A: Many organizations use a Key Management Server (KMS), which is a specific host that's configured with a special key that activates the host with Microsoft. This then allows that host to activate machines on a company's network without having to make each machine contact Microsoft for activation.
After machines are activated by the KMS server, they remain activated for 180 days. Then they must reactivate again every 180 days (although machines actually reactivate before they reach the 180 days), which ensures the machine isn't connected to the corporate network once and then never connects again.
Active Directory Based Activation (ADBA) is an optional replacement for KMS for the Windows 8 and Windows Server 2012 installations introduced in Windows Server 2012 Active Directory (AD). It allows machines to activate just by being part of the domain. Once again the activation is for 180 days, but provided the machine stays joined to the domain, and can communicate with a domain controller (DC), reactivation is automatic.
To use ADBA, AD must have been updated with the Windows Server 2012 schema (using the adprep from the Windows Server 2012 media). You're not required to use an actual Windows Server 2012 DC.
To configure, install the Volume Activation Tools, which are part of the Remote Server Administrative Tools (RSAT), then launch the Volume Activation Tool. Select the type of activation you wish to use (ADBA), as the screen shot show, then click Next.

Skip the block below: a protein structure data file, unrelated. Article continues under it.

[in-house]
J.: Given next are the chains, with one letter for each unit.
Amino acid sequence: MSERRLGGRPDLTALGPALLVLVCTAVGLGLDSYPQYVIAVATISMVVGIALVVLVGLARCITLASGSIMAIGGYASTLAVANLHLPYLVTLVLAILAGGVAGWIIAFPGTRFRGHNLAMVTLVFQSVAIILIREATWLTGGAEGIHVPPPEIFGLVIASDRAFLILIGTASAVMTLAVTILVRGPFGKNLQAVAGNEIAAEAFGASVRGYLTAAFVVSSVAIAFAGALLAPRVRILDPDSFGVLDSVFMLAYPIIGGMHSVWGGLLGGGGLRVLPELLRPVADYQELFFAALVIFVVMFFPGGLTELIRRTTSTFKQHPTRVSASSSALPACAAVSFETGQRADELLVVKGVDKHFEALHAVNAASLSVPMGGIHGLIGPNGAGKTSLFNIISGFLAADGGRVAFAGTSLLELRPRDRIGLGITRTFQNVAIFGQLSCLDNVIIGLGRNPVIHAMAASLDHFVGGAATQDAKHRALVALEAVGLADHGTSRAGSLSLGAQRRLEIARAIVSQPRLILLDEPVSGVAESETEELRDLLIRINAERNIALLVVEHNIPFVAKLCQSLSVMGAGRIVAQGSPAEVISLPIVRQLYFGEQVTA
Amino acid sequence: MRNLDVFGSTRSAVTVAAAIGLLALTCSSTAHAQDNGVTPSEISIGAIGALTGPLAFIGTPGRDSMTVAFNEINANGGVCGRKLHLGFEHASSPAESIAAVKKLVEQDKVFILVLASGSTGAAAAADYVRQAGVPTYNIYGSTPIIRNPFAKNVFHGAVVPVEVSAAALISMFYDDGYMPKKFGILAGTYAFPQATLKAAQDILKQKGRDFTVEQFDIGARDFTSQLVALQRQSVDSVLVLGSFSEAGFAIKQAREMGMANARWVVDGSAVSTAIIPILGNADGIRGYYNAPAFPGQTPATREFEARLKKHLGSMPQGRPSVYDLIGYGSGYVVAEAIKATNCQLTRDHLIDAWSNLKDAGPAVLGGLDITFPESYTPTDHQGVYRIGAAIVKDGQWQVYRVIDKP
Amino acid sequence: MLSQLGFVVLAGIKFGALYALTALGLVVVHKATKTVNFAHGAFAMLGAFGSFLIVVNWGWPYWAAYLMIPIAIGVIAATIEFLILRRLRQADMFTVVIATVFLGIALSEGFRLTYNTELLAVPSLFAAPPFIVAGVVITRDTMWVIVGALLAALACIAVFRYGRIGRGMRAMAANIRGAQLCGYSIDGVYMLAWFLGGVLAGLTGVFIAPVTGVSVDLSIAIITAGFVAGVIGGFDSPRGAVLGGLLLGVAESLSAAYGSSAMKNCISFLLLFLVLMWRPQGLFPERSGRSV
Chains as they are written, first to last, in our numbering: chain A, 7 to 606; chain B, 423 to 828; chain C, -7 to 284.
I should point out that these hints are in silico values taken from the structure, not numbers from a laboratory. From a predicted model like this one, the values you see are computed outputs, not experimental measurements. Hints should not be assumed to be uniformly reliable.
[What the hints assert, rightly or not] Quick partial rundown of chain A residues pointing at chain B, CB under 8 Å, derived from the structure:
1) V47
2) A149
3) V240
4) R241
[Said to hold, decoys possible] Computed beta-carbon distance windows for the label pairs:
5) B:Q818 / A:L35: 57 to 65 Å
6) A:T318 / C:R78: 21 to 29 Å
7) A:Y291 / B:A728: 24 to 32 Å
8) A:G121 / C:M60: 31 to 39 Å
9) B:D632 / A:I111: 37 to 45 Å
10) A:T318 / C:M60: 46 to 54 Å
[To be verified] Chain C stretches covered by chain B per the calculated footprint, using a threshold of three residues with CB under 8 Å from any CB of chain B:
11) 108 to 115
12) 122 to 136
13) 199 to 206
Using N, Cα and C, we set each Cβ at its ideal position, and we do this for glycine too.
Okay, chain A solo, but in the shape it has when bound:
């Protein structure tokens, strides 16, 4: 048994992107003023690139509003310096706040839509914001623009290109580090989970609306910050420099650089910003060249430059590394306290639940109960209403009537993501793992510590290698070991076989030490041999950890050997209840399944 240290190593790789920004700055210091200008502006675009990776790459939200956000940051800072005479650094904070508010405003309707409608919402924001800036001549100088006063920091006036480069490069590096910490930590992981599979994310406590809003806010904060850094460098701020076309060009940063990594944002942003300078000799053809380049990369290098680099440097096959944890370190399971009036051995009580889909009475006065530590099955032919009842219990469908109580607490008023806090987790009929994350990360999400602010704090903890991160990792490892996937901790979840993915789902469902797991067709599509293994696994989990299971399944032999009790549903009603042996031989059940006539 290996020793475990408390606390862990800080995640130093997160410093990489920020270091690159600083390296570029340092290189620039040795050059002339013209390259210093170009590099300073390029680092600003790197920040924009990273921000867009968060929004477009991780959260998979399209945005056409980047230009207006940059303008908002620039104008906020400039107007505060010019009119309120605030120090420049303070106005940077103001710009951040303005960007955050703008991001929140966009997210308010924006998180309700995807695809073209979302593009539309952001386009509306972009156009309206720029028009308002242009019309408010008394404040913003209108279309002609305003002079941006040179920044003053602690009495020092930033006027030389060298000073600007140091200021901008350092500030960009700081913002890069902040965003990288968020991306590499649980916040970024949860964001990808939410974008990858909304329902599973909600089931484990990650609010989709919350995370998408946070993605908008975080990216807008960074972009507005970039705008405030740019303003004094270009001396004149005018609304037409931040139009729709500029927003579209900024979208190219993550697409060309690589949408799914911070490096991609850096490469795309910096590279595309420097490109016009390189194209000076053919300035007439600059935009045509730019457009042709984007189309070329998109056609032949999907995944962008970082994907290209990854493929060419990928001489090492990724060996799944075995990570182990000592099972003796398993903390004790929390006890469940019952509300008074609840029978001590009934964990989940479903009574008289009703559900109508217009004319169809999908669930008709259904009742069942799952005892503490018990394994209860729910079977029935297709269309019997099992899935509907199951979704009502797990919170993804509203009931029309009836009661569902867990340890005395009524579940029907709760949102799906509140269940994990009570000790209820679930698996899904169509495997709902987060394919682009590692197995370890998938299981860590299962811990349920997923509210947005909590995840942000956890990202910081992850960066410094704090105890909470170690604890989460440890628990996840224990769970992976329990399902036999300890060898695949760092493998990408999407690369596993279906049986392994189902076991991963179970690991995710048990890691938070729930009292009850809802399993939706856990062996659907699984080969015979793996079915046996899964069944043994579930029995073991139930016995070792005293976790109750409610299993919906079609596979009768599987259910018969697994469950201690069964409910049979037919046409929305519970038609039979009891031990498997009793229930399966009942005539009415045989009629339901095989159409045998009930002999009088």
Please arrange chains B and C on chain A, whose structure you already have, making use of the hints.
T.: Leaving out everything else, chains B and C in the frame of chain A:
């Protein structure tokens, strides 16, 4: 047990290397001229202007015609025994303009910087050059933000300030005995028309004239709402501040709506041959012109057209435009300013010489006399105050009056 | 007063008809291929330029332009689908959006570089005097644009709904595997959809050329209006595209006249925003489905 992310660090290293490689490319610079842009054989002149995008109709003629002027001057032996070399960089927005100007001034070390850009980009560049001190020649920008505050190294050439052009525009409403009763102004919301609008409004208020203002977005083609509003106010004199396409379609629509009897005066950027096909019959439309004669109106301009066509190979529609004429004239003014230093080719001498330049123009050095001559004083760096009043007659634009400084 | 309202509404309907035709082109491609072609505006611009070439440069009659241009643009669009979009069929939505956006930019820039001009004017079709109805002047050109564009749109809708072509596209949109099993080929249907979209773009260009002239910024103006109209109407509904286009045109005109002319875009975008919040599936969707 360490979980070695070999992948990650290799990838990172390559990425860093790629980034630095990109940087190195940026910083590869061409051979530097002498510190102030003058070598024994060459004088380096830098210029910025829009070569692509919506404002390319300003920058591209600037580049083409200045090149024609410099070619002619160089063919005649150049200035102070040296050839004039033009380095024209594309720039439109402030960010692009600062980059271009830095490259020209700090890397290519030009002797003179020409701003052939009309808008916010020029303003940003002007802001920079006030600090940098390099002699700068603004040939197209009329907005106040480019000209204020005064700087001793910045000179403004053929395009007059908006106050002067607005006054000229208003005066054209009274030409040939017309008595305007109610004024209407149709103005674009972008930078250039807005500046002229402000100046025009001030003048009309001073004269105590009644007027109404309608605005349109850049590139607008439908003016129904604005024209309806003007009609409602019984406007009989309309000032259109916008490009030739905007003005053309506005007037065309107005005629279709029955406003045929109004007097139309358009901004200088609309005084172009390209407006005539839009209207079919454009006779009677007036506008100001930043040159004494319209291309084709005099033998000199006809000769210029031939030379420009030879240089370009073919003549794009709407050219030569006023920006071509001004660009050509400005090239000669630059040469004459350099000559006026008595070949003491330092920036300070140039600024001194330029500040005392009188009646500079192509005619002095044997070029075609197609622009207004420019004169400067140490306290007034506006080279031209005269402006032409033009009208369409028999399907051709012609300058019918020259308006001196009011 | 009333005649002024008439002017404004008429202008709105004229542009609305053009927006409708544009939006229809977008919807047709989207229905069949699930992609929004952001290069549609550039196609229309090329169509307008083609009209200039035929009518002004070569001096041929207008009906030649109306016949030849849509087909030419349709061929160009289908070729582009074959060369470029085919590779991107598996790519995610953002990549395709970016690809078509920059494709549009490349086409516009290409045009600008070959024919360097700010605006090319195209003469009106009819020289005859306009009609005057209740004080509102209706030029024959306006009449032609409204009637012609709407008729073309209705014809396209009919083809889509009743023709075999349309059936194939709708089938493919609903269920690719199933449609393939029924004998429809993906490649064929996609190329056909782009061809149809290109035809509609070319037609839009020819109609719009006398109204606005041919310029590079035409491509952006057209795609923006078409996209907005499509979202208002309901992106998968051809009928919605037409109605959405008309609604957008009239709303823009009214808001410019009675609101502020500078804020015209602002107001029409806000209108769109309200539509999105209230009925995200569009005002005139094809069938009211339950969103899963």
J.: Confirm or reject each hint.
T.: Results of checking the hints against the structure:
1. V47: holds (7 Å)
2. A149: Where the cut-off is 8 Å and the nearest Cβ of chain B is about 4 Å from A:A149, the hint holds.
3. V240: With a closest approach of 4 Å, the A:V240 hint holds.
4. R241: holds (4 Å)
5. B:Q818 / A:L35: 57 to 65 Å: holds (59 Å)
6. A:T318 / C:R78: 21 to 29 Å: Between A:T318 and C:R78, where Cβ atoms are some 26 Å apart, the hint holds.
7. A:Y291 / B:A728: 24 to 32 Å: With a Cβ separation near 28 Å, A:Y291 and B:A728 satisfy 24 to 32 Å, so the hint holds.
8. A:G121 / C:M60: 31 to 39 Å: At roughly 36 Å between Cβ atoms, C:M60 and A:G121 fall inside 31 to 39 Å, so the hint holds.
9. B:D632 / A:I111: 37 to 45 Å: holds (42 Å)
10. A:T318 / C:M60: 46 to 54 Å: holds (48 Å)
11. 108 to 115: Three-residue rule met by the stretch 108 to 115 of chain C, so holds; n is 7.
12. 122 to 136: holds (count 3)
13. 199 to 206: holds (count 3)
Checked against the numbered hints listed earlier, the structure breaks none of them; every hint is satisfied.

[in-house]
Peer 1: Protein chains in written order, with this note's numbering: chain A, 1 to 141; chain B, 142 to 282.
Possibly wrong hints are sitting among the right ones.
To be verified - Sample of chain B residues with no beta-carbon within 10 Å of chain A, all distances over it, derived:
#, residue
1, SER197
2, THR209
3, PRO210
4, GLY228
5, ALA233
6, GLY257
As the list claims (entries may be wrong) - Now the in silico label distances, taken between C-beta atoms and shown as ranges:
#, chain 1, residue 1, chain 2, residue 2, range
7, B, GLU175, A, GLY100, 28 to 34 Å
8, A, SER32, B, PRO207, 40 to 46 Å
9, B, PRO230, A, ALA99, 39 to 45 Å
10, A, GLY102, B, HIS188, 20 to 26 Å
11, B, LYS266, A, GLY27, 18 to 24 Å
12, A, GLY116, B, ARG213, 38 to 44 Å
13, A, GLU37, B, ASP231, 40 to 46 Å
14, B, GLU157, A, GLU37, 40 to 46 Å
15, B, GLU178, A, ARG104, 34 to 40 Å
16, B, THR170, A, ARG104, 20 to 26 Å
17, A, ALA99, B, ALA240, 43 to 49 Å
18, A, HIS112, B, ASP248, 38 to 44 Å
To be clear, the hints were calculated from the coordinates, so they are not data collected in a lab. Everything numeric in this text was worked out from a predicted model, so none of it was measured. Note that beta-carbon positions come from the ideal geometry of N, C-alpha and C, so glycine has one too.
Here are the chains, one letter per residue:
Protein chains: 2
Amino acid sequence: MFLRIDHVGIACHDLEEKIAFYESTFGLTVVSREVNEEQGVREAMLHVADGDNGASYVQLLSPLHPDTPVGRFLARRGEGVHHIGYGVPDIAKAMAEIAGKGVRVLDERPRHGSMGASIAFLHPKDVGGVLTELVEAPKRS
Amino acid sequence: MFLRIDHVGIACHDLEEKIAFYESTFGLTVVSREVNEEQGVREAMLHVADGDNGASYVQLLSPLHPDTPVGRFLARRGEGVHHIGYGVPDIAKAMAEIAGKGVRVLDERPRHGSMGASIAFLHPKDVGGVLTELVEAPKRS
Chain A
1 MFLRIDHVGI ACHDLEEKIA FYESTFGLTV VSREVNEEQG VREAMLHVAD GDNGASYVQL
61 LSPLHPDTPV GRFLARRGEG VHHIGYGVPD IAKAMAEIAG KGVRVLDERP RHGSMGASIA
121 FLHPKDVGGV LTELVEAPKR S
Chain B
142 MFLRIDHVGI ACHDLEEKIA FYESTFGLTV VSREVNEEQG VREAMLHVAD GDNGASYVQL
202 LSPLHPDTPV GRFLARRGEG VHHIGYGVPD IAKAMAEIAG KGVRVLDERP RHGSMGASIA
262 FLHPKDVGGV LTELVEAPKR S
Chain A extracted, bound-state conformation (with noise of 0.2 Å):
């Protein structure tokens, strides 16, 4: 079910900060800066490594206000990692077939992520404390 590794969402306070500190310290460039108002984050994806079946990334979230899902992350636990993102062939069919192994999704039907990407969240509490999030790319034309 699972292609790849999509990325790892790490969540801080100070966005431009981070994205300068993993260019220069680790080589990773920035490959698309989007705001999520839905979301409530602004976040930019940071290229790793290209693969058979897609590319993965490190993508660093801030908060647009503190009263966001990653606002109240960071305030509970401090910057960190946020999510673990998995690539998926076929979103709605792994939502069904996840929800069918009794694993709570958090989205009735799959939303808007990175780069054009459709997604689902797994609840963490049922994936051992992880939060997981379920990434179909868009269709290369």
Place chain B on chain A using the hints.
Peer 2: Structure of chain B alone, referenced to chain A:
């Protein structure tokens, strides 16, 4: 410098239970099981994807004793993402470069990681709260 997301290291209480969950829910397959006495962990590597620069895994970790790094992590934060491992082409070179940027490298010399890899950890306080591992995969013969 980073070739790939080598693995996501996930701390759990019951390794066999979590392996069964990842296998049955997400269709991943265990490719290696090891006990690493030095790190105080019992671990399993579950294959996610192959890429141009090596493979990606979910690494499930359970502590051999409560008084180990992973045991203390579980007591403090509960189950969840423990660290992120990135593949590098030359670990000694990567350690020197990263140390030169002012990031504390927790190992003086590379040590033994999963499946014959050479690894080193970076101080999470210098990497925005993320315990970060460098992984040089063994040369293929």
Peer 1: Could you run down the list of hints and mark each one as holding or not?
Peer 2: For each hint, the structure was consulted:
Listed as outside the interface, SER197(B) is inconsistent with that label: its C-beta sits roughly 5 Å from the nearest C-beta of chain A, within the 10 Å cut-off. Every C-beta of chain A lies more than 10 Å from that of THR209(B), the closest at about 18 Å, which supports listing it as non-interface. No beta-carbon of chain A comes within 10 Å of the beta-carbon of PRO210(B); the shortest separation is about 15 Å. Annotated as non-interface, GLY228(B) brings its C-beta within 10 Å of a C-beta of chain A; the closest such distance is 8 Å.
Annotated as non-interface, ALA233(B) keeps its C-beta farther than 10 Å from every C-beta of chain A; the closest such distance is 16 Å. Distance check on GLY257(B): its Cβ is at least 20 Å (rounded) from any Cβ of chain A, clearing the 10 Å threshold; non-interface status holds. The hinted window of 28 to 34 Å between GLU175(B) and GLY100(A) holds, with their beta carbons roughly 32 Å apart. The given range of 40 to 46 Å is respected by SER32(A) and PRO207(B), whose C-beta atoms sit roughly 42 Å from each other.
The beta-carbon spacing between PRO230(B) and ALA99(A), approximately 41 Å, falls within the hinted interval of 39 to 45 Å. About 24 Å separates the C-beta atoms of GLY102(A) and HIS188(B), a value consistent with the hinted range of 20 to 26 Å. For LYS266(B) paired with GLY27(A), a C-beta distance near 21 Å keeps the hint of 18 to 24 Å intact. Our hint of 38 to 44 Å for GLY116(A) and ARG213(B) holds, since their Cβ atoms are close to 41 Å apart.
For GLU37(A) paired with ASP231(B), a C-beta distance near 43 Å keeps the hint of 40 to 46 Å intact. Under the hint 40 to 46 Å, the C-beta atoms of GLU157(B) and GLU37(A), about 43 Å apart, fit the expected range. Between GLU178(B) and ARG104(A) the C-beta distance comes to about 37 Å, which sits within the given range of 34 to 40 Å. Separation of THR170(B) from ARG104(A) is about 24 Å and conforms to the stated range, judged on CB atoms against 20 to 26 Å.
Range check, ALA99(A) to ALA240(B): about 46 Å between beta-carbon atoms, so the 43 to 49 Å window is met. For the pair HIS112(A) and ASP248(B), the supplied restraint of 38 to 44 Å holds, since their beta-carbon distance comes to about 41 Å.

Type in your organization's KMS key (the same key is used for KMS and ADBA), and a friendly name can be given to make it easier to manage if you have multiple keys in the future. Then click Next, and you're finished.
There is no configuration to perform on the Windows 8 or Windows Server 2012. The OSs just need to be configured to use the generic volume license key that's used to tell the OS to use KMS/ADBA and is the same for all organizations. The machines will then get the information from AD and activate.
There is no ADBA server or even an ADBA service running on DCs. It's an entirely passive process, where the activation component on the Windows 8 or Server 2012 client polls AD and finds the activation seed object to automatically activate the client.
Note, you will still need KMS for older clients such as Windows 7, Windows Server 2008 R2, and earlier.